Revised US military strategy in Afghanistan met with praise and criticism

Islamic Extremism

FILE – In this Nov. 3, 2011 file photo, Marines of with India company, 3rd Battalion 5th Marines, First Marine Division, take a break during a patrol in Sangin, south of Kabul, Afghanistan. Reversing his past calls for a speedy exit, President Donald Trump recommitted the United States to the 16-year-old war in Afghanistan, declaring Monday, Aug. 21, 2017 U.S. troops must “fight to win.” He pointedly declined to disclose how many more troops will be dispatched to wage America’s longest war. (AP Photo/Dusan Vranic)

Afghanistan’s President Ashraf Ghani hailed the U.S. for its support in what he called a “joint struggle” against terrorism.

It comes as the White House signaled it would shift tactics in its effort to defeat the Taliban, as part of America’s longest war.

CGTN’s Roee Ruttenberg reports.

The president laid out his priorities for Afghanistan in what he called a “new strategy for South Asia”.

Less than 24 hours later, the Afghan Taliban condemned White House plans for a boost in U.S. troops being sent to the country. 

“As long as there is even one American soldier in our country and their leaders follow up with the war approach, we – with a strong spirit and full determination – will continue our Jihad,” Zabihullah Mujahid, Spokesman for Afghan Taliban, said.

The top U.S. military commander in the region confirmed that more U.S. troops were already on their way. It’s still unclear in what capacity, and how many, but the Afghan government in Kabul has aldready welcomed the announcement. 

Back in Washington, U.S. Secretary of State Rex Tillerson was clarifying Trump’s plans. He said decisions will be decentralized, moving from Washington to the battlefield.

“The President has been quite clear that what will be different this time is he has empowered our military commanders on the ground to make more timely decisions to conduct battlefield operations based upon the conditions on the ground, with the battle plans Secretary of Defense Mattis will be approving. That is going to change the dynamics on the ground considerably,” Tillerson said.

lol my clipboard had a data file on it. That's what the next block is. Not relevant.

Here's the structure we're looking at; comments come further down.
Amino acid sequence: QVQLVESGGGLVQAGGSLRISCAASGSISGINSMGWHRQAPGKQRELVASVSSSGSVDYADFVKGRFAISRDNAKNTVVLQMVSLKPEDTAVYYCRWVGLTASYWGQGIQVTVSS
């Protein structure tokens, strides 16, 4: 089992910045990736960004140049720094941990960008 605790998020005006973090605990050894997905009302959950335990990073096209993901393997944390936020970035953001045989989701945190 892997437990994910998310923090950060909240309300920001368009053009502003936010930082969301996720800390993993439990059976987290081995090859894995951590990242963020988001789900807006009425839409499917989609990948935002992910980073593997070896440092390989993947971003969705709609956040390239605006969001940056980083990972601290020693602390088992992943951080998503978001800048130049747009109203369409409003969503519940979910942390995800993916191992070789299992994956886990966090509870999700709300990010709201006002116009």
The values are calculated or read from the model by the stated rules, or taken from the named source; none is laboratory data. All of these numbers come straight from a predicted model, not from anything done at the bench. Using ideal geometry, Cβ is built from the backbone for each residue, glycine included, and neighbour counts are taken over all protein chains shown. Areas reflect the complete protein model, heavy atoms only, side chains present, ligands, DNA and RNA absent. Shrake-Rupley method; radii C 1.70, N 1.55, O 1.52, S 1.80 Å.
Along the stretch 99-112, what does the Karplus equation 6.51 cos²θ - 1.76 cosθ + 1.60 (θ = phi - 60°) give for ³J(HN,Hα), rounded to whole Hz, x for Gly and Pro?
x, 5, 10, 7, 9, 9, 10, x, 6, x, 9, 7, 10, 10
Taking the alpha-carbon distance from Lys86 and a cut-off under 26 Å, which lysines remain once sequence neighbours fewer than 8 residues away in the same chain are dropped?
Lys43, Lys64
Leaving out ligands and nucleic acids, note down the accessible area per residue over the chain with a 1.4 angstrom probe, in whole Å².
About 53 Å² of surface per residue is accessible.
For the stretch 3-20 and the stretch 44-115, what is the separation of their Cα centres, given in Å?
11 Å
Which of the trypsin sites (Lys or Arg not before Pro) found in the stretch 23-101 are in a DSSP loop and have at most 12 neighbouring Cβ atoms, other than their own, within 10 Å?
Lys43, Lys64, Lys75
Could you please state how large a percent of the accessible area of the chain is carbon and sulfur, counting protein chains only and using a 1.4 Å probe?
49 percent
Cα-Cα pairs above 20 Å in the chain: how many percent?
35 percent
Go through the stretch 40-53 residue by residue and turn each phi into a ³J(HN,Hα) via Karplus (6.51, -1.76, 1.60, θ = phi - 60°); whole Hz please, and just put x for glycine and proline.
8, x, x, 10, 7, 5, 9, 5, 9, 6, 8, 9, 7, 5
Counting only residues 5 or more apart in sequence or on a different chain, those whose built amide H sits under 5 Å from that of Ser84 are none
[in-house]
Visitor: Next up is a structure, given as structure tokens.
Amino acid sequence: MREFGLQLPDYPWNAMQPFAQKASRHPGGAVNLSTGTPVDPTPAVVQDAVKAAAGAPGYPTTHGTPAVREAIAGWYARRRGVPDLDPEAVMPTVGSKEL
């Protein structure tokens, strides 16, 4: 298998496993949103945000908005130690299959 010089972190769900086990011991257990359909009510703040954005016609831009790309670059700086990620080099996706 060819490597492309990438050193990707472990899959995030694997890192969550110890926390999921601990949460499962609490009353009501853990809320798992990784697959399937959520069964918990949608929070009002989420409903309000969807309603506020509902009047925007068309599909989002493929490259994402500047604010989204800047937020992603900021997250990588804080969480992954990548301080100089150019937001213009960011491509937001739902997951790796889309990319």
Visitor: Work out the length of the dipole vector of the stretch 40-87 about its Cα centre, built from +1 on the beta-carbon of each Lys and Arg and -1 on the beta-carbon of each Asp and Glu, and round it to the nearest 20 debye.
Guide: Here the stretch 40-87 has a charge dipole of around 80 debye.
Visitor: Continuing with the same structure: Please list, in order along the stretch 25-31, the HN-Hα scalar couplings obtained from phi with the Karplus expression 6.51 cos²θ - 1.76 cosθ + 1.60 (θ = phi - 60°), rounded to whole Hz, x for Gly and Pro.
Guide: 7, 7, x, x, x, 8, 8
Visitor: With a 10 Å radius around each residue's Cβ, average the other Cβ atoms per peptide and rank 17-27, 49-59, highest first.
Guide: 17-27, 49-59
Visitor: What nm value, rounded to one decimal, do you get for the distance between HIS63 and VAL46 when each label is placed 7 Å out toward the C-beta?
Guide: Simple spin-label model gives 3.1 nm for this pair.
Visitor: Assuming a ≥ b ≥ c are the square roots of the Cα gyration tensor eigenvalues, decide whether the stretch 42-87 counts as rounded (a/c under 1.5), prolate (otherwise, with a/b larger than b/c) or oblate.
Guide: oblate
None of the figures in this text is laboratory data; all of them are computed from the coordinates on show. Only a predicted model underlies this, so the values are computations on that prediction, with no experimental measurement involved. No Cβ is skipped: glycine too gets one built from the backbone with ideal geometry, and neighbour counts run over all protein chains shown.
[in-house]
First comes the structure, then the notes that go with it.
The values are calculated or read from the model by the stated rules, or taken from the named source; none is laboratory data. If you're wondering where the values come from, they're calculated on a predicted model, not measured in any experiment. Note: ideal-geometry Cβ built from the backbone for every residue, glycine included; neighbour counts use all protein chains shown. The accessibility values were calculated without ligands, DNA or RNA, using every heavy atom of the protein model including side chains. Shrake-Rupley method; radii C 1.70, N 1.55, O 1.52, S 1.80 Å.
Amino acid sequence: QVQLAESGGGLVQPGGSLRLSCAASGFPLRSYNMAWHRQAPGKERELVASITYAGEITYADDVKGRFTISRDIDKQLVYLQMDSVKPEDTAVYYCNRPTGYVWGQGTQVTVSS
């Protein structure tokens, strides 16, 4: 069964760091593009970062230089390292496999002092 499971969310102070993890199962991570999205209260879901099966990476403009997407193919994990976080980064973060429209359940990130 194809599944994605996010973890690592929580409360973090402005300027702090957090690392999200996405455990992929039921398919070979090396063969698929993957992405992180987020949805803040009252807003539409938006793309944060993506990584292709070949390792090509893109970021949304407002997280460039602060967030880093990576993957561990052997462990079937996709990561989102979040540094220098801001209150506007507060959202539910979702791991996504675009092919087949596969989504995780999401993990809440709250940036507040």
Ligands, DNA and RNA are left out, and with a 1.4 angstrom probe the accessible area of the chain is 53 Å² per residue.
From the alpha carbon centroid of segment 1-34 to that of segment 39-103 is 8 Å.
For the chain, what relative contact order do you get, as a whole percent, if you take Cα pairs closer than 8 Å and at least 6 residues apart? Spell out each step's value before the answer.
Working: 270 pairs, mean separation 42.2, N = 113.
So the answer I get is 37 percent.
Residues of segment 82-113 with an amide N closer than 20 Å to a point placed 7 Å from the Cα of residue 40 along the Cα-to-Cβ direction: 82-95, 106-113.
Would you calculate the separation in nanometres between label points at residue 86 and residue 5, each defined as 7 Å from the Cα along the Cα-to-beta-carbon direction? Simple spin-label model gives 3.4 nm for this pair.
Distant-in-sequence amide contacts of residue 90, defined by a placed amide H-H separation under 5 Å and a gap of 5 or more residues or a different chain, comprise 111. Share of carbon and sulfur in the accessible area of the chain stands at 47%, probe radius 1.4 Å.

Tillerson said the U.S. would be open to peace talks, with “moderate elements” of the Taliban. He said India would be an important partner toward that goal- a distinction welcomed by New Delhi.

Tillerson saved his harshest language for Pakistan, which he accused of “harboring terrorists,” He said Islamabad has been forewarned.

Pakistan’s foreign minister denied the accusation, and neighbor China came to the country’s defense.

“Pakistan is on the front line in the struggle against terrorism, has actively made efforts and great sacrifices to combat terrorism for years and has made important contributions to safeguarding regional and global peace and stability. We believe that the international community should fully recognize Pakistan’s anti-terrorism efforts,” Chinese Foreign Minister Spokesperson Hua Chunying said.

Tillerson also accused Russia of selling weapons to the Taliban, in violation, he said, of international norms. Moscow has already called such accusations “groundless.” On Tuesday, at least one Russian official was quoted by local media as saying he didn’t think the U.S. new strategy in Afghanistan will lead to any significant changes in the country.

Shuja Nawaz discusses Afghanistan and Pakistan’s reactions to President Trump’s speech

CGTN’s Mike Walter spoke with Shuja Nawaz, a distinguished fellow at the Atlantic Council’s South Asia Center, about Afghanistan and Pakistan’s reactions to President Trump’s announcement of his “new strategy for South Asia”.